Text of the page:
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Carey McWhorter’s Real Contribution

Posted on Sep 01, 2013 in September-October 2013 , My Seaside Story

Carey McWhorter with wife Joely and daughters Lily, Kate and Sarah. Photo courtesy Carey McWhorter

As an architectural photographer, I really didn’t want to buy into the initial trade journal hype over Seaside. Mainly, I was incredulous that this particular opportunity was seemingly earmarked for every other photographer in the world besides me.

Tied to my regular magazine assignments in Denver at the time, we were barely able to make ends meet, so any dream my wife and I may have had for traveling down to see this place were about as likely as to come our way as a big fat check from Publisher’s Sweepstakes.

By the time the critics had long since moved on to flashier projects, I too had outgrown much of my original interest in this peculiar form of trophy hunting. One day, as I was counting my lift tickets and concert stubs from Red Rocks, I concluded that true success, (should it ever come my way) would begin as soon as I could get aboard an ocean-sailing craft. Crazy as it seemed, I deduced that the closest path to fame and riches for me was to live among the celebrated yacht builders near Fort Lauderdale.

It was something like, 2004, before I chanced upon a freeway exit, simply labeled “Seaside 1 Mile.” And I was literally shaking from excitement as I drove into the hamlet at a roaring 28 miles per hour.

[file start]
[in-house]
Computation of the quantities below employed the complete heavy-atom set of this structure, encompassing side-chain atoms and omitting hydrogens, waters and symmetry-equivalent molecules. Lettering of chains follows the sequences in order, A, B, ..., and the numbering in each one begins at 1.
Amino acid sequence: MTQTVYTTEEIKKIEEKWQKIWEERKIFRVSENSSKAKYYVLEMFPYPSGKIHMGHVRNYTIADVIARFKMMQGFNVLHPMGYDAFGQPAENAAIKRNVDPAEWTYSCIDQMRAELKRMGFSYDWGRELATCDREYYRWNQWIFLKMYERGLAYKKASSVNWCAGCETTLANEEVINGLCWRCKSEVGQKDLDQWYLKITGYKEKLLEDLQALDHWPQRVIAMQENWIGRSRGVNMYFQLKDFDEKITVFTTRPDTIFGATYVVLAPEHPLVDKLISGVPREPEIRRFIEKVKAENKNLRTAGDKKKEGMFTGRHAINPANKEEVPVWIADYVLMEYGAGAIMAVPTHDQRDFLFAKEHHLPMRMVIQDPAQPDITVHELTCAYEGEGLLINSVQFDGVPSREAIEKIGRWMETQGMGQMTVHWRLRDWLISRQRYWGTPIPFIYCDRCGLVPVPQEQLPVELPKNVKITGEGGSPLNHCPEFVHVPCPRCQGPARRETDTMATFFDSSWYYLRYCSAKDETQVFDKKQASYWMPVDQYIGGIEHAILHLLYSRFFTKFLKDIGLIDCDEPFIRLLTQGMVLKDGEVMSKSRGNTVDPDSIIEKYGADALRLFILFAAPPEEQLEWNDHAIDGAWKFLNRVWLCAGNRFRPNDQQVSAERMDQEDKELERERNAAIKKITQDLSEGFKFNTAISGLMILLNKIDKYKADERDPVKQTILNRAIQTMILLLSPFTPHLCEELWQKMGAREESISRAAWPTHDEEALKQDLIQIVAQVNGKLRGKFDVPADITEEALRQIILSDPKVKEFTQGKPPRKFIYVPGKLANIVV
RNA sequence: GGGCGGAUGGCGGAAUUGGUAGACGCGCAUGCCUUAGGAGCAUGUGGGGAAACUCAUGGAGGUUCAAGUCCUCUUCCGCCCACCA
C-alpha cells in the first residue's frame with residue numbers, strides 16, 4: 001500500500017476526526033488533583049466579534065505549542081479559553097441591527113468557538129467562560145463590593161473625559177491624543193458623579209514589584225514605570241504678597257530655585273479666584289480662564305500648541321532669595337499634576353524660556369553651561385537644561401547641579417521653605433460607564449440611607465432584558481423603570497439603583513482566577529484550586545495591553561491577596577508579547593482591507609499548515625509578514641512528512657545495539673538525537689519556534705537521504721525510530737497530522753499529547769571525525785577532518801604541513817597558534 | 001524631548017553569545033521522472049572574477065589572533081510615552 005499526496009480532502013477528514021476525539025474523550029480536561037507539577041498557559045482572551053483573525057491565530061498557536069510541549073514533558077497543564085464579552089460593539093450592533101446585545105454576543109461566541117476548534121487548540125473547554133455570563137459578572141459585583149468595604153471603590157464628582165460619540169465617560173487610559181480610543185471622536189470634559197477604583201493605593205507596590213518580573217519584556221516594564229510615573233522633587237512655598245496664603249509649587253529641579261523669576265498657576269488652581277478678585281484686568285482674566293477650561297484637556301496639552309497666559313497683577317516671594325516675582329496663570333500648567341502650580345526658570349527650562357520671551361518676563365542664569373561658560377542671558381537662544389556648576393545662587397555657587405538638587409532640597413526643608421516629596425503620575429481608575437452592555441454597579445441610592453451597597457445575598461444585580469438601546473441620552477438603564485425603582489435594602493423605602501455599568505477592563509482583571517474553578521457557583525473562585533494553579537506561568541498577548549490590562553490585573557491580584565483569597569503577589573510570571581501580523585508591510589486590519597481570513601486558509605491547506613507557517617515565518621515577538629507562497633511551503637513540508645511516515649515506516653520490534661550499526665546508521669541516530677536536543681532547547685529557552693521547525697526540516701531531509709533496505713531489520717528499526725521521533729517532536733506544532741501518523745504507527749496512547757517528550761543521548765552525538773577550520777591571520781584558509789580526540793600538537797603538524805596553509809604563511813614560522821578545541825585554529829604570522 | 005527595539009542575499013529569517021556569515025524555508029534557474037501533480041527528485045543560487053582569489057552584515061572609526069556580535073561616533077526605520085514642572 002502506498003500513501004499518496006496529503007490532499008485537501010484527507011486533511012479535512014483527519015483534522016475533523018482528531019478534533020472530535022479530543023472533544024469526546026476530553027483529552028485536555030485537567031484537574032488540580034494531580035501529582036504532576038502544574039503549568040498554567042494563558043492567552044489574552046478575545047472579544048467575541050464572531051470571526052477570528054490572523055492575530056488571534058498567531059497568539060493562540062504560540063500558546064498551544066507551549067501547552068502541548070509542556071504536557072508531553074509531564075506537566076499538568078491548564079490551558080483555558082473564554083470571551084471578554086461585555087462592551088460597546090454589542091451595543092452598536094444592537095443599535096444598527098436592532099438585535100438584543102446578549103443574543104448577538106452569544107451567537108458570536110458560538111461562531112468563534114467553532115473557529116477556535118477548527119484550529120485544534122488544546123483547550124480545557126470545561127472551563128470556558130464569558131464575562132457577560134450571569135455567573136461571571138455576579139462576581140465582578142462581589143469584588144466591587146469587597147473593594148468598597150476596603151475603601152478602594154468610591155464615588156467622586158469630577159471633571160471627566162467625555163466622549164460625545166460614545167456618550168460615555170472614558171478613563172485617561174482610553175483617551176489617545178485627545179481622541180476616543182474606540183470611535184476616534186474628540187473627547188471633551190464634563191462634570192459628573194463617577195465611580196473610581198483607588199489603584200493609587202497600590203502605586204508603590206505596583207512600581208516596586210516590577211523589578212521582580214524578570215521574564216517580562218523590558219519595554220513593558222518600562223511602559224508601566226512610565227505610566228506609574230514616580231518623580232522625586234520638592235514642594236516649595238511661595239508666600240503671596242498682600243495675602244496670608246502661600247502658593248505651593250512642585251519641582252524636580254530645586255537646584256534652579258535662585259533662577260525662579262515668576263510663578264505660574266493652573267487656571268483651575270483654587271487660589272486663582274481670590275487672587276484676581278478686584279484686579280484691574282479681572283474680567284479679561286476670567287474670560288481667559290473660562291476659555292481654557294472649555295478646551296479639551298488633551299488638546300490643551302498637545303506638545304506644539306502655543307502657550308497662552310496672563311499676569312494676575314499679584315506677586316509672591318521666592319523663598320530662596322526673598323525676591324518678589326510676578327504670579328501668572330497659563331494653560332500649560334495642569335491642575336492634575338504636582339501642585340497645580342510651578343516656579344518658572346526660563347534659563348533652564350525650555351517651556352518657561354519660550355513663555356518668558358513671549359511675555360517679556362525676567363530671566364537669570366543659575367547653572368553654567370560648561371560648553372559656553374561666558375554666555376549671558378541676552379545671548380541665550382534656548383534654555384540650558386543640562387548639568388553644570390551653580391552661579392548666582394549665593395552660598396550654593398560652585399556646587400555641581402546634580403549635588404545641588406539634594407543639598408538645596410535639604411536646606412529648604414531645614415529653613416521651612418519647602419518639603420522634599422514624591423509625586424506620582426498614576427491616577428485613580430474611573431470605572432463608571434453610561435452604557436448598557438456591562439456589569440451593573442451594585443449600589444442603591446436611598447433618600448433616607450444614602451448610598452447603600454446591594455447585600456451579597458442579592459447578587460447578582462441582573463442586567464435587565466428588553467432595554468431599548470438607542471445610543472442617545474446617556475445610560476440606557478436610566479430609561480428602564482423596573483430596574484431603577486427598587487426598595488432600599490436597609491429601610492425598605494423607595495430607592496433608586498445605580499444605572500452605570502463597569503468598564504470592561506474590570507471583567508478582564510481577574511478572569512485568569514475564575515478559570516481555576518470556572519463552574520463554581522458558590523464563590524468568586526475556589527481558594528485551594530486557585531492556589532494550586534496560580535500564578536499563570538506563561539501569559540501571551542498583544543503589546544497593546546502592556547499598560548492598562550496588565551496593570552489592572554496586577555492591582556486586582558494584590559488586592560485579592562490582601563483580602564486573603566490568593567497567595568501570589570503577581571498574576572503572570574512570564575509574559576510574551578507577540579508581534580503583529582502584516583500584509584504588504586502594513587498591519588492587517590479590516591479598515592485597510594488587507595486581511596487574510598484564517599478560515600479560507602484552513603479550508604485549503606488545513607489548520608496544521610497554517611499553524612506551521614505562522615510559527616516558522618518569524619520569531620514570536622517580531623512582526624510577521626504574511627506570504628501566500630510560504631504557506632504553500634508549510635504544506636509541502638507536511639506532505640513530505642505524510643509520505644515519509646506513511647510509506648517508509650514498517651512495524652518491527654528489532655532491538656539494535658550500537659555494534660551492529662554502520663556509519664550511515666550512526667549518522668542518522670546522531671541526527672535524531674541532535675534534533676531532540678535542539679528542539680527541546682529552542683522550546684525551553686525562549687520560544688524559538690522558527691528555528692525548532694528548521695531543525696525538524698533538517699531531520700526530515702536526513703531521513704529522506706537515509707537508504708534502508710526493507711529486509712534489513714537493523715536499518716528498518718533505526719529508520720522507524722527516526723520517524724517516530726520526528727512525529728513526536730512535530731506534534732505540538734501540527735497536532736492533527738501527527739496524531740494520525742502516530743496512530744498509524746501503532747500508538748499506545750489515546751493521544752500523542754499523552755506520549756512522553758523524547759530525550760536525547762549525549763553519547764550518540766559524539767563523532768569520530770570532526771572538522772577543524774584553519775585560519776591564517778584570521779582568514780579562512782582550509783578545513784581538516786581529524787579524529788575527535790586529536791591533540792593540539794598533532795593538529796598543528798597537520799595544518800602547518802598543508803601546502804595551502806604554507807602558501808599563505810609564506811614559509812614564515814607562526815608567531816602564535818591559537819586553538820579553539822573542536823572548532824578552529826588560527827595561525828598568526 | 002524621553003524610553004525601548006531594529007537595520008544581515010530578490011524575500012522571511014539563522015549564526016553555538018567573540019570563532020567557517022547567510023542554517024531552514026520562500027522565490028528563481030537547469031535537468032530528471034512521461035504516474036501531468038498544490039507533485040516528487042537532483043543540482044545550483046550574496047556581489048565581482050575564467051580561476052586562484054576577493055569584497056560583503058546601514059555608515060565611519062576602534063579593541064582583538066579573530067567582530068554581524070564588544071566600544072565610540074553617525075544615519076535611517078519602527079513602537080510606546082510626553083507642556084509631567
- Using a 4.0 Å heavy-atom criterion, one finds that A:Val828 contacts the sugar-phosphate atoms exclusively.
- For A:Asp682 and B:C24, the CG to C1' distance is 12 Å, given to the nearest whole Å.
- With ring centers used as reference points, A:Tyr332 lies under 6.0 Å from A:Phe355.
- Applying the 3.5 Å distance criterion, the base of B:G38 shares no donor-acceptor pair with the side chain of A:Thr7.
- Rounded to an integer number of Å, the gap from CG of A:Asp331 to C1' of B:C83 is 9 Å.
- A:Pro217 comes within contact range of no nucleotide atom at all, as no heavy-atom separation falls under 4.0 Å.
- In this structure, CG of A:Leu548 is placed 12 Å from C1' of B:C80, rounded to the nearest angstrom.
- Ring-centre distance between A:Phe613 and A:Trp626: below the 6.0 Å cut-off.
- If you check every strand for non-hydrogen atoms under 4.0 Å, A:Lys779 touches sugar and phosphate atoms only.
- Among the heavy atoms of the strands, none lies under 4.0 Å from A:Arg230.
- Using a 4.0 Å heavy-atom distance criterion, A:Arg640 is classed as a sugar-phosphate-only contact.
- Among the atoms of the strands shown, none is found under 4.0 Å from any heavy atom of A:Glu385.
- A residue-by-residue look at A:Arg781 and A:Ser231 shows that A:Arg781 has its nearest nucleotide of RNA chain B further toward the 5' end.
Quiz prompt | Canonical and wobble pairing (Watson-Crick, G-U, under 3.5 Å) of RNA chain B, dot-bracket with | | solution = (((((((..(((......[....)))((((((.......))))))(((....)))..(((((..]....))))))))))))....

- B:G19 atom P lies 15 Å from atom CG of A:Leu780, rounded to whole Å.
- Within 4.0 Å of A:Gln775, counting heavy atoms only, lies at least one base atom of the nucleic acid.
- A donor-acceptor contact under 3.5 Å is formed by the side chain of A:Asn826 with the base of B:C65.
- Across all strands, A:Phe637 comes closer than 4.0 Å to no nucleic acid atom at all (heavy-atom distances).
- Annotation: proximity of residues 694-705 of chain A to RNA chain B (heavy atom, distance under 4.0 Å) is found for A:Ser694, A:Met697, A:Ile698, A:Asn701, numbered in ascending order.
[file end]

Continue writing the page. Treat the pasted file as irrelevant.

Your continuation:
Much like a fog that permeates the coast at certain hours, I hadn’t reached the first speed bump before I recognized that my entire come from was out of sync with reality, or something to that effect. Having no real reason to be there, I literally felt for a minute that I had barged into some stranger’s living room.

Timidly, I strolled about town for a little over an hour before I felt relaxed enough to get behind the wheel and back on the highway, albeit utterly unconvinced that I had accomplished anything of value all day. But, as I made that last hard left, back towards the highway, I noticed a sign that read, “Architect,” and on a lark I decided to pay the folks a quick visit, just to say thanks.

Details aside, there is no question in my mind that most of the credit for this architectural treasure trove is simply due to the miraculous conviction and selfless attitudes that people like Carey McWorter and his wife had contributed to the process. Together, their spirits telegraphed a rare joie de vivre, or quality of life, which reminded me of this near Biblical truism, as penned by Frank Lloyd Wright: “Mankind inhabits architecture. Thereafter, architecture inhabits us.”

Obviously, many other equally talented people were required to build Seaside. They always seem to whisper, “Savor this moment and do let everyone know it, whenever you happen to stumble upon what’s truly important in all of our lives.”